Sen. Reuven Carlyle speaks during a January town hall. Photo by Joe Veyera
Sen. Reuven Carlyle speaks during a January town hall. Photo by Joe Veyera

With Democrats in control of all three chambers for the first time in five years, a whirlwind pace marked the 60-day legislative session that wrapped up on March 8.

More than 300 bills cleared both the House and the Senate, a figure that both Reps. Gael Tarleton and Noel Frame attribute in part to a backlog that had developed over the past several years.

“A lot of the legislation we passed, they were really well worked bills in the House,” Frame said. “Some had been passed four, five, six, seven times, many of them we had strong bipartisan support in the House, it’s just the Senate had put their thumb on it for a long time.”

The fast-paced session wasn’t without its challenges, and even though lawmakers finished up work on several long-term issues, there was still much left undone by sine die.

We sat down with all three state lawmakers from the 36th District — Reps. Tarleton and Frame, and Sen. Reuven Carlyle — to get their thoughts on the biggest achievements and disappointments from a busy two months in Olympia.

 

Voting rights

The expansion of voting access was a top priority for Democrats entering the session, with Gov. Jay Inslee signing a package of five “Access to Democracy” bills earlier this month.

At the forefront was the Voting Rights Act (SB 6002), which aims to foster more equitable election systems across the state, while legislators also passed bills enacting same-day (SB 6021) and automatic (HB 2595) voter registration, along with allowing 16-and-17-year olds to pre-register (HB 1513),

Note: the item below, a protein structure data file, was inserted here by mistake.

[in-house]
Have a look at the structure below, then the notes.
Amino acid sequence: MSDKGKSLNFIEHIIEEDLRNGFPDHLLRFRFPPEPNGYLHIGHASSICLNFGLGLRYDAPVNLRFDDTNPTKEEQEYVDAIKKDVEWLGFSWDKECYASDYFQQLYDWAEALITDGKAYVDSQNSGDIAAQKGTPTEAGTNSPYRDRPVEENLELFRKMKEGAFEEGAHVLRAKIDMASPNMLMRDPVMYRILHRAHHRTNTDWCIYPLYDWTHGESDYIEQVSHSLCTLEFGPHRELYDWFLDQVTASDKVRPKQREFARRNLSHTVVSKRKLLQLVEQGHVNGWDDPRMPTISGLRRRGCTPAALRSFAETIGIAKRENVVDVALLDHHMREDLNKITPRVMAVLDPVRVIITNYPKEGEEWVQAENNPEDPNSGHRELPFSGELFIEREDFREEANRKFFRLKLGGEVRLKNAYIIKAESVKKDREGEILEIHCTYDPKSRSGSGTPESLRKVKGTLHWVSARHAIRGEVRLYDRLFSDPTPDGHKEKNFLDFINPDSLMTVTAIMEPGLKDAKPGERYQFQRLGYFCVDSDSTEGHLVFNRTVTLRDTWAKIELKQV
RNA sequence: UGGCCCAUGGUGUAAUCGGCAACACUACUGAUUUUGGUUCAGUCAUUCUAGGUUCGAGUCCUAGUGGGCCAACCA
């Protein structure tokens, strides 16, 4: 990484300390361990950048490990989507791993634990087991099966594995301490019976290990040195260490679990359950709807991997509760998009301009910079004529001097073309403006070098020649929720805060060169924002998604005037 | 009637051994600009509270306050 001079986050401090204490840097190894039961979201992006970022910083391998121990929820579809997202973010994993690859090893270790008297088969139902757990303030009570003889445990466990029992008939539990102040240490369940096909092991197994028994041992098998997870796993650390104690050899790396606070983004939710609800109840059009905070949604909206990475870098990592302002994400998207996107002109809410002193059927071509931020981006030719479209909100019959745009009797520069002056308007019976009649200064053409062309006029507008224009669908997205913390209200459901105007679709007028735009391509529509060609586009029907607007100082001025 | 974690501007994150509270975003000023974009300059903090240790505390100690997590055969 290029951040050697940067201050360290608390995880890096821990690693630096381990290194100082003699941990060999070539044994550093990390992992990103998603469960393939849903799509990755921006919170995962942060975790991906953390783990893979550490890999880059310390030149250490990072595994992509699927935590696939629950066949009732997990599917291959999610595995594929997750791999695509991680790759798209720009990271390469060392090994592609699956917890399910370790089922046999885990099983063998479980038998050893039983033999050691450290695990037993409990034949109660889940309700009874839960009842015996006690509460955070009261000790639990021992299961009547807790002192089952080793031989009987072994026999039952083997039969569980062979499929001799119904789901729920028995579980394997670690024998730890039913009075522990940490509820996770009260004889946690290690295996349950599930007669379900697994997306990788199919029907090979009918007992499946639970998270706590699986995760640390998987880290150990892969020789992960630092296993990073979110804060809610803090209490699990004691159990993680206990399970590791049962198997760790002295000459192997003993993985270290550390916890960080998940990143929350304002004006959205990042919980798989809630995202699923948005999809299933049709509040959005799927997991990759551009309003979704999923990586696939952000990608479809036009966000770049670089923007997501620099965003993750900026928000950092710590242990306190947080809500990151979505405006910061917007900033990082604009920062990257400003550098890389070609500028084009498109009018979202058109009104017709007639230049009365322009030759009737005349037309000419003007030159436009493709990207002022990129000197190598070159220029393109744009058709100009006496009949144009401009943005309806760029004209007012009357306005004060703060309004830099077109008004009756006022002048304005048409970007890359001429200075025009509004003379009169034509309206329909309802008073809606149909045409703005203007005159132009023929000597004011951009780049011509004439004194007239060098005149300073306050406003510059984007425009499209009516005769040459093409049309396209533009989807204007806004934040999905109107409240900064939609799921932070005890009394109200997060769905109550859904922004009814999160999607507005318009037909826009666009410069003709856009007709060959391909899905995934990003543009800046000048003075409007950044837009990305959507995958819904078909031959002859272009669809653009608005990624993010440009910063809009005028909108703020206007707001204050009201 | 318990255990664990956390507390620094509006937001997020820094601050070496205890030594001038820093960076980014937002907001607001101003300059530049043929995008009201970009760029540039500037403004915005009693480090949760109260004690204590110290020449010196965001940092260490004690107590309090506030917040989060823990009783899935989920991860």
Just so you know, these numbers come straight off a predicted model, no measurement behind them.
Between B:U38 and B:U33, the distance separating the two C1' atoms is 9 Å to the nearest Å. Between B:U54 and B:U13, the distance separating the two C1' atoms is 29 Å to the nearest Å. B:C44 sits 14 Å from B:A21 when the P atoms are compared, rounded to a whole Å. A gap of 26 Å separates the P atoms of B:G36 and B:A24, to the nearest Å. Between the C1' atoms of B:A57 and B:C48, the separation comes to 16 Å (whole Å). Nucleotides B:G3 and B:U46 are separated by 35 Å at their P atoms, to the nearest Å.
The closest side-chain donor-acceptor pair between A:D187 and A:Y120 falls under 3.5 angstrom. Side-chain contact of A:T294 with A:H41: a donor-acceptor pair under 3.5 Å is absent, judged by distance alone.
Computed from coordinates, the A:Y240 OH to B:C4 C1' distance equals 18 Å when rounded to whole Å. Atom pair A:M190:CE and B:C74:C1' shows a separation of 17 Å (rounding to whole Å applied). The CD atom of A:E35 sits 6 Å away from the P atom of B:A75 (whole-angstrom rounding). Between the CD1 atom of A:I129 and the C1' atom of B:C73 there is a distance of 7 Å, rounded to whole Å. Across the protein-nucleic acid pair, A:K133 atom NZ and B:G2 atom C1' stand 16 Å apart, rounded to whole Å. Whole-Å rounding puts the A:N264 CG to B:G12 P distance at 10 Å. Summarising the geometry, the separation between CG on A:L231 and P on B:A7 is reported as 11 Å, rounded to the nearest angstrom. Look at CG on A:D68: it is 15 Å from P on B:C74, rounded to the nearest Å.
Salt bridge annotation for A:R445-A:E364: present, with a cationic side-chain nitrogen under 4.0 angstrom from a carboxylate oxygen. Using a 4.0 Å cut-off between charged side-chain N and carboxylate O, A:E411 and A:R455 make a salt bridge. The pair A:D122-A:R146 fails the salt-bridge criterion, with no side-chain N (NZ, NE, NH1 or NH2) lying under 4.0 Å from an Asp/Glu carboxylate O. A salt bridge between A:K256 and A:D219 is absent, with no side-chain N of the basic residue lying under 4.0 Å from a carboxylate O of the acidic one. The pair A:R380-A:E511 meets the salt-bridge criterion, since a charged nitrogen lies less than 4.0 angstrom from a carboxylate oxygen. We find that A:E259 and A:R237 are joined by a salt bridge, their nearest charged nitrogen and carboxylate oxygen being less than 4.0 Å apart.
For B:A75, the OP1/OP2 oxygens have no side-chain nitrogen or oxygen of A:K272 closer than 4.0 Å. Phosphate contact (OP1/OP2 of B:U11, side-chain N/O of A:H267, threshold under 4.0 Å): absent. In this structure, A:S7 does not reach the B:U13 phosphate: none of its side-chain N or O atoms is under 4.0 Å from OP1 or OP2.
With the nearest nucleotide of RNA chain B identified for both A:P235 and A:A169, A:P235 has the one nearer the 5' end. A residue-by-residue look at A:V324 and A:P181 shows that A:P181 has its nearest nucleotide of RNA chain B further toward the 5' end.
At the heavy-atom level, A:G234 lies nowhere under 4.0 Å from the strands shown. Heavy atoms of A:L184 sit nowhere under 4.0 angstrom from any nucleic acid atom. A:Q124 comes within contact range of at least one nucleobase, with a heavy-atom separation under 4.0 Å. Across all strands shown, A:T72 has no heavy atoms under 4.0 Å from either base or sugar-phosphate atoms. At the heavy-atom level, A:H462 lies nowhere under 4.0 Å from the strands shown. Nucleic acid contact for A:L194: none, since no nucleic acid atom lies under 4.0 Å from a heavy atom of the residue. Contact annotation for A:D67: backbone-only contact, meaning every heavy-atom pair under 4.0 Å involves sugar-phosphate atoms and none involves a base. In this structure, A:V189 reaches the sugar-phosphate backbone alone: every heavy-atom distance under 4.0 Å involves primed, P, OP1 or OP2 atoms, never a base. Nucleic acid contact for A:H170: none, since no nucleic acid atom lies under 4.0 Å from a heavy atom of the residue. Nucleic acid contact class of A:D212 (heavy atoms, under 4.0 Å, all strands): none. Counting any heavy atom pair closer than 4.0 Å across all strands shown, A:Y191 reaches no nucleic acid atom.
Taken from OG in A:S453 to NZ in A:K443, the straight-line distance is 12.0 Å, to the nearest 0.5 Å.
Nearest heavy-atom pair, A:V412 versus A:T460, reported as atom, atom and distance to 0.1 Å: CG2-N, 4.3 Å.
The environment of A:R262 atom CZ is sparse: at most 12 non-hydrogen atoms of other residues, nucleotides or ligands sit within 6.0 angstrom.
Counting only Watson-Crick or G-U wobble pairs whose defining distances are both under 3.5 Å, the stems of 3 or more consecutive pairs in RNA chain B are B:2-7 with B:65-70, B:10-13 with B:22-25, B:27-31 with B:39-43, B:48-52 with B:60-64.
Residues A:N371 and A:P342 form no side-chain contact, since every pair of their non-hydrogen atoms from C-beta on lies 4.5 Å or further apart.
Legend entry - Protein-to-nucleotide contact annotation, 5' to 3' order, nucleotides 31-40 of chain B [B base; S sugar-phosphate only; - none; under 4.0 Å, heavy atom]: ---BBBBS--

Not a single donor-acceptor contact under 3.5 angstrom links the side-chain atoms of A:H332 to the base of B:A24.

“For me personally, as somebody whose worked on the campaign side and worked on sort of that access to democracy work at my previous job, and through volunteer board service, it’s pretty cool,” Frame said.

The fifth of the five measures was the DISCLOSE Act (SSB 5991), which will require politically-active nonprofits making sizable election donations — more than $10,000 in a calendar year — to register and file a statement with the state’s Public Disclosure Commission.

 

Gun control

A ban on bump stocks (ESB 5992) was the main piece of gun responsibility legislation to reach the governor’s desk, with sales of the modification banned starting in July, and ownership prohibited 12 months later. Current owners will able to sell their bump stocks back to the Washington State Patrol in the first year of the ban for $150.

Legislators also closed a loophole in gun ownership restrictions, adding harassment in a domestic violence setting as a disqualifying conviction (SB 6298), and passed a bill allowing those with suicidal ideations or are in mental distress to voluntarily waive their firearm rights for at least seven days (SB 5553)

But stronger gun control efforts ultimately fell short, including a late push by Sen. David Frockt in the wake of the Parkland shooting to raise the minimum age to purchase assault rifles from 18 to 21 and require buyers to undergo federal and state background checks (SSB 6620).

Carlyle believes the votes were there in the Senate for Frockt’s bill, and called it an, “incredible disappointment,” that it didn’t get through.